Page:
By: Bob Risk
If you maintain a credit score, there is a high chance you are one of the 143 million Americans whose sensitive information was uncovered in the recent data breach at Equifax, one of the country’s three largest credit reporting agencies. This breach, which lasted from May to July, swiped people’s names, birthdates, Social Security numbers, addresses, and in many cases, driver’s license numbers. What’s more, these cybercriminals accessed millions of people’s personal information in the United States, United Kingdom, and Canada, snatching credit card numbers from roughly 209,000 users and dispute documents with valuable personal identifying information (PII) for roughly 182,000 users.
Below are immediate next steps to take to help safeguard your sensitive information:
- Familiarize yourself of the cyberattack. Crowned the largest risk to sensitive information in recent years, it is crucial to grasp the extent of this calamitous cyberattack and what specific personal information was targeted. Dangers unearthed during the cyberattack include:
- Wire fraud. This crime involves hackers stealing accounting information and requesting funds to be wired to overseas accounts if the wiring financial institutions have weak wire security policies in place.
- Fake Credit Accounts. After accessing personal information, hackers can create new credit card accounts in the name of the people whose information was stolen.
- Possible breach-existing Bank and Financial institutions on-line access to accounts. This action is a little harder to execute, as passwords and security questions were not part of this information stolen; however, there is enough information leaked to trick institutions into letting hackers reset security passwords and security questions
- Tax Return Fraud. With access to names, social security numbers and account information, it is easy for hackers to now submit fraudulent tax returns next January 2018.
- Double check your credit. Sites like Equifax, TransUnion, Experian, and Credit Karma all allow users to access their credit information—for free. In light of this attack, look at your information, check for new credit checks, credit cards and providers you do not recognize. Do this on a regular basis. Activity or accounts that you don’t instantly recognize could be a sign for trouble and you should contact the company on the credit report to let them know this is not you. For more information on monitoring your credit, visit this New York Times Article.
- Weigh your options. If you believe your information was compromised, there are many different routes you can pursue: placing a fraud alert on your files—lasting only 90 days, a credit freeze, or even filing your taxes early. However, note that a credit freeze may be difficult to complete due to the large volume freeze request Equifax has received to shut down their server for an hour on 9/13/17.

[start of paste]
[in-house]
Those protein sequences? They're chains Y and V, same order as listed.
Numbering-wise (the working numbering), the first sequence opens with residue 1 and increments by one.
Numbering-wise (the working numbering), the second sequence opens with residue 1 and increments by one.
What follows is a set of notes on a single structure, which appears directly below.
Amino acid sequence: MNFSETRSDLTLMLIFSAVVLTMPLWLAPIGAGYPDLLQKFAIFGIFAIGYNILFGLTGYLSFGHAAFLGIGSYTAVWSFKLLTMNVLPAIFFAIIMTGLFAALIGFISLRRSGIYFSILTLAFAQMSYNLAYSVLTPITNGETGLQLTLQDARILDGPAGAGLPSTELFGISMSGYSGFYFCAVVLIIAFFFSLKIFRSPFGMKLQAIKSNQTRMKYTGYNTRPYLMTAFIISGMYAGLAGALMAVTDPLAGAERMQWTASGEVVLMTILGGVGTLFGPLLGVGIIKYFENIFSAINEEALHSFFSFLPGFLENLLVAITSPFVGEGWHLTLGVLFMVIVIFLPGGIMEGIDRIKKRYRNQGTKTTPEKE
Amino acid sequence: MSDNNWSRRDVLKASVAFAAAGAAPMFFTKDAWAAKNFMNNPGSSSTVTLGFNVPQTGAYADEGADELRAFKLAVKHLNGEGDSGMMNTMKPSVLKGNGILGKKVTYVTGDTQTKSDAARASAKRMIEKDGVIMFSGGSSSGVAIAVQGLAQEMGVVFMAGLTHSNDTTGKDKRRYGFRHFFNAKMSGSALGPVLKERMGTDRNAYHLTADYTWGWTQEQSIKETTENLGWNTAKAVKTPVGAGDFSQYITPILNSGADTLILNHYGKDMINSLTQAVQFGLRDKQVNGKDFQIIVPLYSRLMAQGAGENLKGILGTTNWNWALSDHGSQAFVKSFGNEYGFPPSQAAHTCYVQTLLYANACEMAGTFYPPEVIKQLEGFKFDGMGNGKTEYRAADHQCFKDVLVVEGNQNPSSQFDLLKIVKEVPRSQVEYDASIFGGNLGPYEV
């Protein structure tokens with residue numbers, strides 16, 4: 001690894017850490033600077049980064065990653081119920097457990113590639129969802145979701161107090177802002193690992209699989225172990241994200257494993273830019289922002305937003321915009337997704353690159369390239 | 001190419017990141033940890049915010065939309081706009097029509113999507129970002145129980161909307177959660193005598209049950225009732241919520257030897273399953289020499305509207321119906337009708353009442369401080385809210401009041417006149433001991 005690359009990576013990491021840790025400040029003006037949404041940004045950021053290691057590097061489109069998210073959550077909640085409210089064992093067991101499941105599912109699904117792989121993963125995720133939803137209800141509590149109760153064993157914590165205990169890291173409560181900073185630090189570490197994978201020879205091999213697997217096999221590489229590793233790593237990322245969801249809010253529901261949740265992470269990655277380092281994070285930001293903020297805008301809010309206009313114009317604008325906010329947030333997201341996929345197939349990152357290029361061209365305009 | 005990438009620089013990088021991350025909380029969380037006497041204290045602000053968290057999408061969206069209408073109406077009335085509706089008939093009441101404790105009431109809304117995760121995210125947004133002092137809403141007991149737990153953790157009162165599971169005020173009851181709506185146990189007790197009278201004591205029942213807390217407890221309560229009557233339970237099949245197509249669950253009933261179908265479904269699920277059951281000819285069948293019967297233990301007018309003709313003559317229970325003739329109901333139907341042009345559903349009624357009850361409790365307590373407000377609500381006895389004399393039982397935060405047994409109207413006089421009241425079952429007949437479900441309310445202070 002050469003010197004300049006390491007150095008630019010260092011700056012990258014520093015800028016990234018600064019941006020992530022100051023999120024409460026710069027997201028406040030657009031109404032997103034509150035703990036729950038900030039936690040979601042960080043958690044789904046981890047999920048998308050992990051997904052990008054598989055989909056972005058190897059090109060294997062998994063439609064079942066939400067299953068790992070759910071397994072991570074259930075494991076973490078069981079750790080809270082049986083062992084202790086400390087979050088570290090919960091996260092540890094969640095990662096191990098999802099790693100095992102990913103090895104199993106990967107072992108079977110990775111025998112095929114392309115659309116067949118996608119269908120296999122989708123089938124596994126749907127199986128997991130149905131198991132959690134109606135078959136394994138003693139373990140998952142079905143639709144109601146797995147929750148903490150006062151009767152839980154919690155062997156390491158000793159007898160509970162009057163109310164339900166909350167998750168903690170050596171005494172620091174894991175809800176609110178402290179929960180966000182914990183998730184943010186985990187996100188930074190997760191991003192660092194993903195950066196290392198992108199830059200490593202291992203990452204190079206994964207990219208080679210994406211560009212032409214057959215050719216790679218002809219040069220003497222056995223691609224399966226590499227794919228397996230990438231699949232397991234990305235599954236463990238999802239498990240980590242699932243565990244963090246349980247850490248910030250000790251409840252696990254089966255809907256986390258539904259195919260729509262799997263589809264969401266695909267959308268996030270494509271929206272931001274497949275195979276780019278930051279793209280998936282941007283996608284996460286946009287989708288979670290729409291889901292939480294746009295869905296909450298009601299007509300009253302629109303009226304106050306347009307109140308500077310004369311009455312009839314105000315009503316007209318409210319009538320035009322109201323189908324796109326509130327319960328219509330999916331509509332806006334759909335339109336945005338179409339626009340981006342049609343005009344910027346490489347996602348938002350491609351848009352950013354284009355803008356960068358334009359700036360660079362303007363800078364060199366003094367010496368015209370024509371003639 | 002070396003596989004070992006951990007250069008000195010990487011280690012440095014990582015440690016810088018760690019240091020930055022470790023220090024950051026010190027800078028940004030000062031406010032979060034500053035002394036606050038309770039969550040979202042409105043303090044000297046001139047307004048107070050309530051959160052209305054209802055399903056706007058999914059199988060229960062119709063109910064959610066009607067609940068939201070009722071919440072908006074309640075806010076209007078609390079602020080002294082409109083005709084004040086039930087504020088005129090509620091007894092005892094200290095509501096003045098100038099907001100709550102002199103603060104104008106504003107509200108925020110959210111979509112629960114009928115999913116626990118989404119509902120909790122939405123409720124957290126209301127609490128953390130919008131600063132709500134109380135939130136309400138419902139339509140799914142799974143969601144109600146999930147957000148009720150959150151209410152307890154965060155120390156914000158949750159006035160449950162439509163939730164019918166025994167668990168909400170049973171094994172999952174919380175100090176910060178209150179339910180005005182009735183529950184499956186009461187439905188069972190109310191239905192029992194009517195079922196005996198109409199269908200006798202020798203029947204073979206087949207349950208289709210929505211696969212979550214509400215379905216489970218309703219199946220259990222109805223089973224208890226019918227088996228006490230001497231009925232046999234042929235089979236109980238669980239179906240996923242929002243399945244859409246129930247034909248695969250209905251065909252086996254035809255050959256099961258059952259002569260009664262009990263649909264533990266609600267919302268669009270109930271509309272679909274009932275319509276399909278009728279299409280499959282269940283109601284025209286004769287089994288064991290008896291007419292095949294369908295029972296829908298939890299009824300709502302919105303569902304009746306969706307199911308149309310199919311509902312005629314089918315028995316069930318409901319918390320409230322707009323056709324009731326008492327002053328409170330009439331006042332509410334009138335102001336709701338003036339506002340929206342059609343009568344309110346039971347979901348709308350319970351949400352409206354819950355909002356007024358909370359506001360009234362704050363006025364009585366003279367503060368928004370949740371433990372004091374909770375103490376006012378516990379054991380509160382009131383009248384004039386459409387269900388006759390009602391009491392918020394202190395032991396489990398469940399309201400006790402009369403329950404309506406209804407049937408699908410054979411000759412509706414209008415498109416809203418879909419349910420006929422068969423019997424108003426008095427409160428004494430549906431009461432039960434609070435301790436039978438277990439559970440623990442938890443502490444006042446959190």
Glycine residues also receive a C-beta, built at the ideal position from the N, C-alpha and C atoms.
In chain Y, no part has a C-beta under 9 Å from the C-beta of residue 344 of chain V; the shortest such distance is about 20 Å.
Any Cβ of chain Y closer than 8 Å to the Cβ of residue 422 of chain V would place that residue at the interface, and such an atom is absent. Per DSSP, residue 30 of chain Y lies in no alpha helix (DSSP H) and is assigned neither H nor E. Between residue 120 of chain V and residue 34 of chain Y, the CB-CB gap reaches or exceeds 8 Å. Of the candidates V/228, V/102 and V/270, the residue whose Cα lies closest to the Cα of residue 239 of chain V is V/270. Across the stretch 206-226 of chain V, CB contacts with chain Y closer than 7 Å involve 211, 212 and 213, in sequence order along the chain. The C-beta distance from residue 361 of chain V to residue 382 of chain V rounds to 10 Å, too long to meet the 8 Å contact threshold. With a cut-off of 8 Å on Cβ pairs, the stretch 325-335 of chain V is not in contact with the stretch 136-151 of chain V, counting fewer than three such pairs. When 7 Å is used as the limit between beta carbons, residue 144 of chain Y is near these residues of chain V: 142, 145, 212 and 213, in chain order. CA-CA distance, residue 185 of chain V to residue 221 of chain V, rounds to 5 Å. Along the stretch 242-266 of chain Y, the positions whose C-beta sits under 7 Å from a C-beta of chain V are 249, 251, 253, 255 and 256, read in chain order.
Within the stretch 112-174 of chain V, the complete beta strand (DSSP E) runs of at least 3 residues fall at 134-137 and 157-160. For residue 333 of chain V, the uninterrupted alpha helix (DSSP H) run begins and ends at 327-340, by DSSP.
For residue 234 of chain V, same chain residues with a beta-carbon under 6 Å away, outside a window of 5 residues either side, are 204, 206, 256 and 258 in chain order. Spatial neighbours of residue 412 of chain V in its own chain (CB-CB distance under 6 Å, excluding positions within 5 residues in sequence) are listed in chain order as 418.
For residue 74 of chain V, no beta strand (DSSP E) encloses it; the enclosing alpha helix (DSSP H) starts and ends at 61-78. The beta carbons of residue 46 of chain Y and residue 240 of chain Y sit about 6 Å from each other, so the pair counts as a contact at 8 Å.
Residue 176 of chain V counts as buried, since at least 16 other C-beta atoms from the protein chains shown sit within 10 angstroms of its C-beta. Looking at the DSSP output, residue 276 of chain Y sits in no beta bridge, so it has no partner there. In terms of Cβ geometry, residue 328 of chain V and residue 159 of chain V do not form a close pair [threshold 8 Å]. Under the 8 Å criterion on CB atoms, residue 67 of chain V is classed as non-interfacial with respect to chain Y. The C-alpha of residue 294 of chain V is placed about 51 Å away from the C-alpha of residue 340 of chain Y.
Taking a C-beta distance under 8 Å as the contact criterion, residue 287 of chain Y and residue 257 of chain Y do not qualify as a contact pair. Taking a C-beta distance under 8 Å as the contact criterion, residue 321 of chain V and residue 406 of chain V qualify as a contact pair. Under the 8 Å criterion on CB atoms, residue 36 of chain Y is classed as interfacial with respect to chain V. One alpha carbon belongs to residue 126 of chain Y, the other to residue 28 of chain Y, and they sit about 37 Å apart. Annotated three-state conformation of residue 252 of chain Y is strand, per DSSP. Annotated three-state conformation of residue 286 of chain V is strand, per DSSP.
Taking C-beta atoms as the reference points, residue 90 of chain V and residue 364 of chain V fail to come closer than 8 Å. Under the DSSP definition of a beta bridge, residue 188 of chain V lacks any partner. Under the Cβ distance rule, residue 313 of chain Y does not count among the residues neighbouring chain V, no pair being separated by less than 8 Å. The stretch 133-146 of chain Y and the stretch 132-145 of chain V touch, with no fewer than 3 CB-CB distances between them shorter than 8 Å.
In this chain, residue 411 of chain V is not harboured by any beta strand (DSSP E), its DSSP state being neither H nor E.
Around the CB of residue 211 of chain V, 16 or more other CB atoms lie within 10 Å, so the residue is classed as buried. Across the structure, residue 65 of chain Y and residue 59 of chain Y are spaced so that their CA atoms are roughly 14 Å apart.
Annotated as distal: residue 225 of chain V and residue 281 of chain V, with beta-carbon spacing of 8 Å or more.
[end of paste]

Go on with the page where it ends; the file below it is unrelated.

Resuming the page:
- Stay protected. To keep your personal information secure, join a paid-for credit monitoring service like LifeLock (approximately $10 per month). You can also change your on-line passwords and make sure they are complex and at least 10 characters in length. For more information on additional measures to protect yourself from future cybercrimes, visit the New York State Office’s Attorney General’s page, which details the investigation he opened for this attack.
To soften the blow of this breach, Equifax is monitoring its services around the clock and offering free credit-monitoring services to their customers. Nonetheless, from analyzing the extent of this cyberattack, it is clear that Equifax’s delay in making the breach public and the clumsy, if not irresponsible, way Equifax rolled out the free credit monitoring for effected people shows they had no breach plan in place to handle disasters like this. Companies large and small are simply not paying enough attention to the risks and damages that weak cyber security and planning present, which is why it is vital for you to take steps to protect your credit information.
Since cybercrimes can leave behind a devastating trail of tax fraud, it is important to also monitor any correspondence you receive from state tax authorities or from the IRS website. To learn more about recovering your information after a data breach, visit The Federal Trade Commission’s website on exposed or lost information. For reliable updates and notices on the caller scams arising from the breach, visit dependable websites identitytheft.gov and annualcreditreport.com.
If you have any questions regarding the protection of your information, please contact our cybersecurity expert Bob Risk.
Robert Risk is Director of Technology Advisory Services at Wiss & Company, LLP. If you would like to contact Bob, you may reach him at firstname.lastname@example.org or at 973.994.9400.